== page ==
Divorce in Haste; Repent at Leisure

deciding to divorceThe old saying goes, “marry in haste; repent at leisure,” meaning, of course, don’t rush into marriage with someone that you do not know very well, or with whom you have not spent a good deal of quality time. In other words, think before you act and take some time making a life changing decision! Deciding to separate from or divorce your spouse is just as significant a choice as getting married was in the first place. As such, jumping into filing for a divorce can become a hasty decision that you regret down the line. Here are some ways to avoid rushing into a divorce that may prove to have dire consequences for you later:

Talk to an attorney before you make any decisions: You may be angry or hurt. You may have discovered that your spouse has been unfaithful. Your first reaction is to run down to your local courthouse and file for divorce to get rid of your spouse as soon as possible. You may be thinking that you want nothing from your spouse and that you simply want to be away from him or her. Before you rush to the court, talk to an experienced attorneys about your rights and obligations. You may not want anything from your spouse at the moment, but hearing that you may be entitled to a portion of your spouse’s pension, for example, may change your mind. Allow an impartial, but knowledgeable attorney advise you on what you may be entitled to from the marriage and take some time to consider what you really want to give up. Rash decisions based on emotion will most certainly haunt you later.

Talk to a family therapist before you make any decisions: A good family law attorney will advise you regarding your legal rights and responsibilities in a divorce proceeding. But, if you need assistance working through any emotions that may be fueling your decision making, seek out a qualified marriage and family therapist for guidance on how to set aside and work through the emotions so that you can better rationalize and participate more productively in your divorce case.  Many divorce cases settle through some form of mediation and/or negotiation. It will help you tremendously if you approach negotiation and settlement in a calm and rational manner.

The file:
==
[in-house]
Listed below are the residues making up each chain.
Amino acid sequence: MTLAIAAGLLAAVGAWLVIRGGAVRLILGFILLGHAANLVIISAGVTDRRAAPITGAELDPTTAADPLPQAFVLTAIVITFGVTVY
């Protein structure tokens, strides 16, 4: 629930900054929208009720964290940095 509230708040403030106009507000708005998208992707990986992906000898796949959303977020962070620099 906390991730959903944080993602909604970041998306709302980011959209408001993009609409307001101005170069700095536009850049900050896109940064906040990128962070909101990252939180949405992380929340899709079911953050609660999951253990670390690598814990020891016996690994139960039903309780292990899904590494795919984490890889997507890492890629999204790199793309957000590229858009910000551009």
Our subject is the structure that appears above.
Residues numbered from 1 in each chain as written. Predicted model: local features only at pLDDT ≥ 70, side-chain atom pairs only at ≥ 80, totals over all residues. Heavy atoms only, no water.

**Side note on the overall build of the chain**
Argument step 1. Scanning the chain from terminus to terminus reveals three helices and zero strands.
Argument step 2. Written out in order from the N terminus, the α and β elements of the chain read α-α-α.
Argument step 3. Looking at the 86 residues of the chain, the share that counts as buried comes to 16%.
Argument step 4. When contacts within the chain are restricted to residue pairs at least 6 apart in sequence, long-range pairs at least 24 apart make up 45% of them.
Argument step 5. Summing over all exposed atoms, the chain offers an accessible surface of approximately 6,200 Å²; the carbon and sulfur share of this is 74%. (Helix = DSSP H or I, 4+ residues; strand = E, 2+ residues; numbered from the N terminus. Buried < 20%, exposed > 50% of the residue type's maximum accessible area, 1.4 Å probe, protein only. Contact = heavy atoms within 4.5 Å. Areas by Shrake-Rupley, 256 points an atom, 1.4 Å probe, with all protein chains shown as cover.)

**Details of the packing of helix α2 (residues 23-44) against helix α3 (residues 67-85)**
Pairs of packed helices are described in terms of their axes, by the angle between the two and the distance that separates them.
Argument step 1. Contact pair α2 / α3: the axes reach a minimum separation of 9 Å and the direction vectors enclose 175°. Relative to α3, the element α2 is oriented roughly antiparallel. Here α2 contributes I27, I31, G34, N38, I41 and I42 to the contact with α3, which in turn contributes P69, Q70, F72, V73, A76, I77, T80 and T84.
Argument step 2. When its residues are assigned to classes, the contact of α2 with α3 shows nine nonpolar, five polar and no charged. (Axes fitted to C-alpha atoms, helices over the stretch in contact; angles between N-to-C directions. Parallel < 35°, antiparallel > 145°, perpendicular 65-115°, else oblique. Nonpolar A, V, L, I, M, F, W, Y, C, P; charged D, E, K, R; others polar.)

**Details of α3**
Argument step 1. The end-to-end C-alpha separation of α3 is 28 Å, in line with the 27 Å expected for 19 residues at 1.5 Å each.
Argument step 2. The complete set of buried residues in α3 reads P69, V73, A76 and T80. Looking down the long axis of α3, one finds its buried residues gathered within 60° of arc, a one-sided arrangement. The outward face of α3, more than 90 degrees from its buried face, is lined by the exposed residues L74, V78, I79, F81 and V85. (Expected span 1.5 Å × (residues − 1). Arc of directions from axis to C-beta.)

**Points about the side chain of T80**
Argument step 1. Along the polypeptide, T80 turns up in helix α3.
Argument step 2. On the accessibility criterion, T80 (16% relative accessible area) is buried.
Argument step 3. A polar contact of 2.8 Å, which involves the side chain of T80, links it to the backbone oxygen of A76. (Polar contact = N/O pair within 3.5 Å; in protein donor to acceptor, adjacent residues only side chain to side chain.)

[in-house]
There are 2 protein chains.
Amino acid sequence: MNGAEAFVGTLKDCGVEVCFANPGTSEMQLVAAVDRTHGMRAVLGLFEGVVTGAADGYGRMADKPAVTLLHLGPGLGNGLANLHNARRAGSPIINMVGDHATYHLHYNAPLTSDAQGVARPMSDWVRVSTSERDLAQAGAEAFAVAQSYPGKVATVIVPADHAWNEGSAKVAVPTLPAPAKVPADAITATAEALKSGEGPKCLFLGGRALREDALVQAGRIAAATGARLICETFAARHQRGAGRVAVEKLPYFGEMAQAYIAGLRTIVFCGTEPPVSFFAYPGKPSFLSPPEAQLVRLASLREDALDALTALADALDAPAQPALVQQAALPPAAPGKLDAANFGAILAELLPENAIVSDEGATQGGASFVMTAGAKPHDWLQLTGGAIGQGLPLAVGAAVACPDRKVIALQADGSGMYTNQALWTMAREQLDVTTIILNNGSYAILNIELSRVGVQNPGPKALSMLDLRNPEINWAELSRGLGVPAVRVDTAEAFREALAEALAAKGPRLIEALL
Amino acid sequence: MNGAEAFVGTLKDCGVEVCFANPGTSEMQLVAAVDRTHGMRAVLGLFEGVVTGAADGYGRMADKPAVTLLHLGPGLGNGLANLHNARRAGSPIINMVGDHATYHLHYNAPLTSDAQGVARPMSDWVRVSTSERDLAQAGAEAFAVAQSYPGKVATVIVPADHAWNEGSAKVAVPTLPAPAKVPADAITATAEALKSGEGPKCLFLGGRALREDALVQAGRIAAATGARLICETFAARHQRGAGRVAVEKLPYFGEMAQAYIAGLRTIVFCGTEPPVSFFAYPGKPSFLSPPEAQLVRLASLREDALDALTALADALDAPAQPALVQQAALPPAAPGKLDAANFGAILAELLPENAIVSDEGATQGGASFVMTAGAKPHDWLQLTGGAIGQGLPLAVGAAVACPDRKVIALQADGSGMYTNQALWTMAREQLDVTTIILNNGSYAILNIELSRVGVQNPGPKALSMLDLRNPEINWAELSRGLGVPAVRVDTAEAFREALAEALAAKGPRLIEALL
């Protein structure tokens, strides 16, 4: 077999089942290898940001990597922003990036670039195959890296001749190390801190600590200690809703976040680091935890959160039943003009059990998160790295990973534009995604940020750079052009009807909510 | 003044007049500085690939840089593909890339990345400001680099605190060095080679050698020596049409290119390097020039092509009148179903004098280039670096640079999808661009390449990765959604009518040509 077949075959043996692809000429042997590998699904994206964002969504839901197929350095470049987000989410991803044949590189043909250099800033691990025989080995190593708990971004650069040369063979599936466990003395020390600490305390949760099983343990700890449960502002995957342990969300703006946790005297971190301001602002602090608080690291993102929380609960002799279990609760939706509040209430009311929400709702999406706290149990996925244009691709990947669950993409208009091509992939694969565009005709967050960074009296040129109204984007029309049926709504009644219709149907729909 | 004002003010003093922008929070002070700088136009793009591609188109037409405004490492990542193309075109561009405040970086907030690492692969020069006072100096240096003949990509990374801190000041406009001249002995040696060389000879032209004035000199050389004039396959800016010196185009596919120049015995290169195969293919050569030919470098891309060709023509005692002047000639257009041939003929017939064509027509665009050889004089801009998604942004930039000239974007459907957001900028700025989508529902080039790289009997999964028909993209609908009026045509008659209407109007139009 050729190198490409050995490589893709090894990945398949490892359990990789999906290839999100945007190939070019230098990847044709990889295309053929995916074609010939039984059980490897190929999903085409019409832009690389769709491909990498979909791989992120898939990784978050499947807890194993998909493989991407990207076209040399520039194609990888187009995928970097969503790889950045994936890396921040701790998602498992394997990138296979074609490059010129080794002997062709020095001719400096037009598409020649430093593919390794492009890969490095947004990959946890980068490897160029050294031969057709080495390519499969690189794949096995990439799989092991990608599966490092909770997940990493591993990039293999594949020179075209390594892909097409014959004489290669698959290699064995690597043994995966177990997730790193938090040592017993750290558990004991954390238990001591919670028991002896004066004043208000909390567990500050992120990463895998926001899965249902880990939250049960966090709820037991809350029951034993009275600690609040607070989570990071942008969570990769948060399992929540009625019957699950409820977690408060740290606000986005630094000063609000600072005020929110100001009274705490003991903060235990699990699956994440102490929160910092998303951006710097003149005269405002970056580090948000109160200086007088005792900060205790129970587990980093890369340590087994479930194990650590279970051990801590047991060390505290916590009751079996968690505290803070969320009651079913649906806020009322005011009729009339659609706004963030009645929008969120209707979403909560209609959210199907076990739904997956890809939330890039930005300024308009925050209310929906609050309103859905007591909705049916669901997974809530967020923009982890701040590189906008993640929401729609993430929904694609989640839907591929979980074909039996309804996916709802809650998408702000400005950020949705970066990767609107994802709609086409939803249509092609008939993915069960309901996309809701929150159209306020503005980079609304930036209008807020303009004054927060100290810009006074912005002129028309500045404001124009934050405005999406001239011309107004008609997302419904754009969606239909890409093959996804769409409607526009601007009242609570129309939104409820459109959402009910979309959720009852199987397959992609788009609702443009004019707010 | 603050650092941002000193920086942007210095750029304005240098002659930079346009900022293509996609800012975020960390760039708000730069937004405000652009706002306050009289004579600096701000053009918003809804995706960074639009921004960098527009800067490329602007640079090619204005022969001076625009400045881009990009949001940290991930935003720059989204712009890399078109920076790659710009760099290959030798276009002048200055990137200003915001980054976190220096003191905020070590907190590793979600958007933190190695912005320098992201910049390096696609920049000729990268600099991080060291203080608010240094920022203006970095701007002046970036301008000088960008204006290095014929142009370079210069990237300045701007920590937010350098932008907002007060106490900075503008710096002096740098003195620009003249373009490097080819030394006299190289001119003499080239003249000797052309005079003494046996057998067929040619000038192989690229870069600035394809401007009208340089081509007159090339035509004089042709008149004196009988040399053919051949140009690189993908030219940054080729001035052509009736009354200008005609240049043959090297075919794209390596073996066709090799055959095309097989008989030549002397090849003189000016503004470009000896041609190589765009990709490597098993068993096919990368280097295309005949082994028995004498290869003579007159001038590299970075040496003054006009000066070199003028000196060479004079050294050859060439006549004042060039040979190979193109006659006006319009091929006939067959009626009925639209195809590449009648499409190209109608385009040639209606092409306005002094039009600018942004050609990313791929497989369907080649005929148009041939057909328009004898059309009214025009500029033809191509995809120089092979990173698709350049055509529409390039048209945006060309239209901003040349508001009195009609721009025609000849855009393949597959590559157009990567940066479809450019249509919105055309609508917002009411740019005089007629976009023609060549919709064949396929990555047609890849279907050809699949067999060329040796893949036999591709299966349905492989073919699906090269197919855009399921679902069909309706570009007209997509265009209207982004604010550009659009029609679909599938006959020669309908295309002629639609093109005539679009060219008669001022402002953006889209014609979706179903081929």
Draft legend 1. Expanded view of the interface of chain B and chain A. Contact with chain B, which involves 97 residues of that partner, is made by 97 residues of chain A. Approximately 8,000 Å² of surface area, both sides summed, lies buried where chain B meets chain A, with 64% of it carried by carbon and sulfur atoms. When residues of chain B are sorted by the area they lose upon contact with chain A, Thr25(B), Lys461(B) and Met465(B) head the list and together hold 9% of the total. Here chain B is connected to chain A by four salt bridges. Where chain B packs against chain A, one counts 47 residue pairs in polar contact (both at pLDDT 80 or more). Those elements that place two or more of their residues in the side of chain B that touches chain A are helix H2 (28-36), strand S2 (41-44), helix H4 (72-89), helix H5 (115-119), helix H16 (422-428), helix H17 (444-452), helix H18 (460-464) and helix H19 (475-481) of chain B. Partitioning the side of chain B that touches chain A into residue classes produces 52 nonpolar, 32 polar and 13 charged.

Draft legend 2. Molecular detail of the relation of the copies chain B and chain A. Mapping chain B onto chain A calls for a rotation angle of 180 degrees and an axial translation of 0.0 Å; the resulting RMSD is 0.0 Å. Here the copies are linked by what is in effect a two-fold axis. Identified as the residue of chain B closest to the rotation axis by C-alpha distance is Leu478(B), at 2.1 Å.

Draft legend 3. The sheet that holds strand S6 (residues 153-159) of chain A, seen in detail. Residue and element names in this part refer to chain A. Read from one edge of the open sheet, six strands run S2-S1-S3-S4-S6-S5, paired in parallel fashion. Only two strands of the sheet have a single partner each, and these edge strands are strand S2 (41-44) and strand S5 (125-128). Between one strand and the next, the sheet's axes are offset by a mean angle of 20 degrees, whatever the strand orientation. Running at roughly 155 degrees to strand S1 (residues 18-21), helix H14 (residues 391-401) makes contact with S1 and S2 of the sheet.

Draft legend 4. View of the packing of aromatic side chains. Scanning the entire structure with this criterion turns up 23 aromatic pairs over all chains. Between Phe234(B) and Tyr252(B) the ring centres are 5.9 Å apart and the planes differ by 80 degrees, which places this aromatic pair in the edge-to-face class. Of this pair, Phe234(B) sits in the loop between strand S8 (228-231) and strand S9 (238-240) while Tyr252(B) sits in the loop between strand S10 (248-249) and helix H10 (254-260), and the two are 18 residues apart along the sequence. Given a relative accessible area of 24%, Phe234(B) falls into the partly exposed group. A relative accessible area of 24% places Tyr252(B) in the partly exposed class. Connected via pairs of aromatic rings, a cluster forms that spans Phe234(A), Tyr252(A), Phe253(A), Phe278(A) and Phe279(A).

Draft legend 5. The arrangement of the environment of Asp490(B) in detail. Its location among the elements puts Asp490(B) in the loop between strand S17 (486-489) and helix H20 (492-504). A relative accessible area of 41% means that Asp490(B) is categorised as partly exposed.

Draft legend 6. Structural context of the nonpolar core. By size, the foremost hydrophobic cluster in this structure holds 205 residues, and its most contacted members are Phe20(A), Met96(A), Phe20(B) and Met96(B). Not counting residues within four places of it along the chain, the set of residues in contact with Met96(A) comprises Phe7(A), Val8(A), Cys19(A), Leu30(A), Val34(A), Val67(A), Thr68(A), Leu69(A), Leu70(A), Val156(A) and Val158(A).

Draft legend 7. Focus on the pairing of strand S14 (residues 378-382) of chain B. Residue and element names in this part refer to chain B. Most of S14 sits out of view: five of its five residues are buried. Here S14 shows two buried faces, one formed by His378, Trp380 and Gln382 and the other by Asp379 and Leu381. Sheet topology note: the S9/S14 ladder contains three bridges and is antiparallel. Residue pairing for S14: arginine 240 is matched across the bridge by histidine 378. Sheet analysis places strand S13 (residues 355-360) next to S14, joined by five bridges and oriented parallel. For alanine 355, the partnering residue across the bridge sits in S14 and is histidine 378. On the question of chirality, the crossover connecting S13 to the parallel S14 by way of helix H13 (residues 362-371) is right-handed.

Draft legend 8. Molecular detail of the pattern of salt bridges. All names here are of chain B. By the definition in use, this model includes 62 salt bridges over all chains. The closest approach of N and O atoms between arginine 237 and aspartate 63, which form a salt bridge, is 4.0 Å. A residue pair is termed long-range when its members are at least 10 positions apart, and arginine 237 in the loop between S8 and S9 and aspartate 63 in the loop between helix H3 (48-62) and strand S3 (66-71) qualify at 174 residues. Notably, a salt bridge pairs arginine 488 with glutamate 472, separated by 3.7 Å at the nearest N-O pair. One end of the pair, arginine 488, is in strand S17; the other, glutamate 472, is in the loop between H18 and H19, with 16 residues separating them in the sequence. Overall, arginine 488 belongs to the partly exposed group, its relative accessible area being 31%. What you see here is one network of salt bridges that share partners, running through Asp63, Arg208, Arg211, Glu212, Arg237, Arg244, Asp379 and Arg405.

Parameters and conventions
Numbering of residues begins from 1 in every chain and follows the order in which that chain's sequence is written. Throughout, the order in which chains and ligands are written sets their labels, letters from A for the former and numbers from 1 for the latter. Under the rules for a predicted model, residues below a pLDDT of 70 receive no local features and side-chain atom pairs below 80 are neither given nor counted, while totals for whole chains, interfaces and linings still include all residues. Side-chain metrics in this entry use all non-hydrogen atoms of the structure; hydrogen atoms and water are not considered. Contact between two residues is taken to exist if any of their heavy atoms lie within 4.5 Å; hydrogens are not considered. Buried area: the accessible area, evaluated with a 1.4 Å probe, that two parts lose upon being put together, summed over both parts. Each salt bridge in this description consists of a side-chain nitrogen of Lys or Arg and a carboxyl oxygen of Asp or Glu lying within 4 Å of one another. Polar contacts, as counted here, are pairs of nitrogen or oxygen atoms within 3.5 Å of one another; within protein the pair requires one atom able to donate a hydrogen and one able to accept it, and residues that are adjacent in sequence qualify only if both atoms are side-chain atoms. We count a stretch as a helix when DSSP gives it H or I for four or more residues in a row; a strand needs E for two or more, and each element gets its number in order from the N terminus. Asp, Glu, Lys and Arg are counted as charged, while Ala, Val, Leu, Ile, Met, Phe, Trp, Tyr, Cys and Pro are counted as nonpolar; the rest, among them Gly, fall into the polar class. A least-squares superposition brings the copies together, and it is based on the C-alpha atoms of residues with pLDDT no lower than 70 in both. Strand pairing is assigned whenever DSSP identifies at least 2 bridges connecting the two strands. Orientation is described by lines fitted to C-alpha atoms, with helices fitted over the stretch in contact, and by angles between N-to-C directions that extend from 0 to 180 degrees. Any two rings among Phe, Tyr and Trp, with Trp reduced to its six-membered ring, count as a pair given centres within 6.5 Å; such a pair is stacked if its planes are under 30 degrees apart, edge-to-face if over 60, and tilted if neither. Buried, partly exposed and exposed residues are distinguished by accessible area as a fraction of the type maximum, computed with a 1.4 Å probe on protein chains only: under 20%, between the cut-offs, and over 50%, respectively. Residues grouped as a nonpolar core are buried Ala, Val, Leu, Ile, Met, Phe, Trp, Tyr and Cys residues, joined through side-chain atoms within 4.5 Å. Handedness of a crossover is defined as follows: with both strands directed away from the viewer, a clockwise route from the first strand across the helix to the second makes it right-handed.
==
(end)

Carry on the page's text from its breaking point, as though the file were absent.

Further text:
Don’t be a pushover: You and your spouse may be in agreement that your marriage has ended and that a divorce is imminent. Even though that decision has been made, it does not mean that you have to simply accept terms of settlement that your spouse has offered. Some spouses are presented with long marital settlement agreements drafted by their spouse’s attorney and simply handed a pen. As tempting as it is to sign and end the process, you may be giving up significant rights to items such as property, parenting time or spousal support. Sign nothing without having your own attorney review the proposal. Listen to your attorneys recommendations and proposed changes. While you are the ultimate decision maker in your divorce, you should, at the very least, be an informed decision maker. Don’t allow your ex to bully you into agreeing to terms that may hurt you in the future. Remember, you have to live with your divorce settlement now and into the future.

Become informed: if you have not participated in your marital finances up to this point, it is now time to become informed. Learn about your marital assets and debts. Find out how much you have in your bank accounts and review your income tax returns. It is impossible to negotiate a fair and reasonable settlement without all of this information. Obtain a copy of your credit report and monitor your credit score. Be sure that your spouse is being truthful regarding all of their income and do your best to safeguard their spending any marital money on items outside of the marriage. If you see suspicious purchases or spending, let your divorce attorney know, immediately, so this can be addressed. If your spouse is spending marital money on an extracurricular affair, that money can be ordered to be paid back to you in the divorce.

If you are ready to file for divorce and would like to learn all of your rights and responsibilities, please contact us today to set up your initial consultation with one of our qualified attorneys experienced in all facets of divorce and family law in your area.

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Divorce Road Map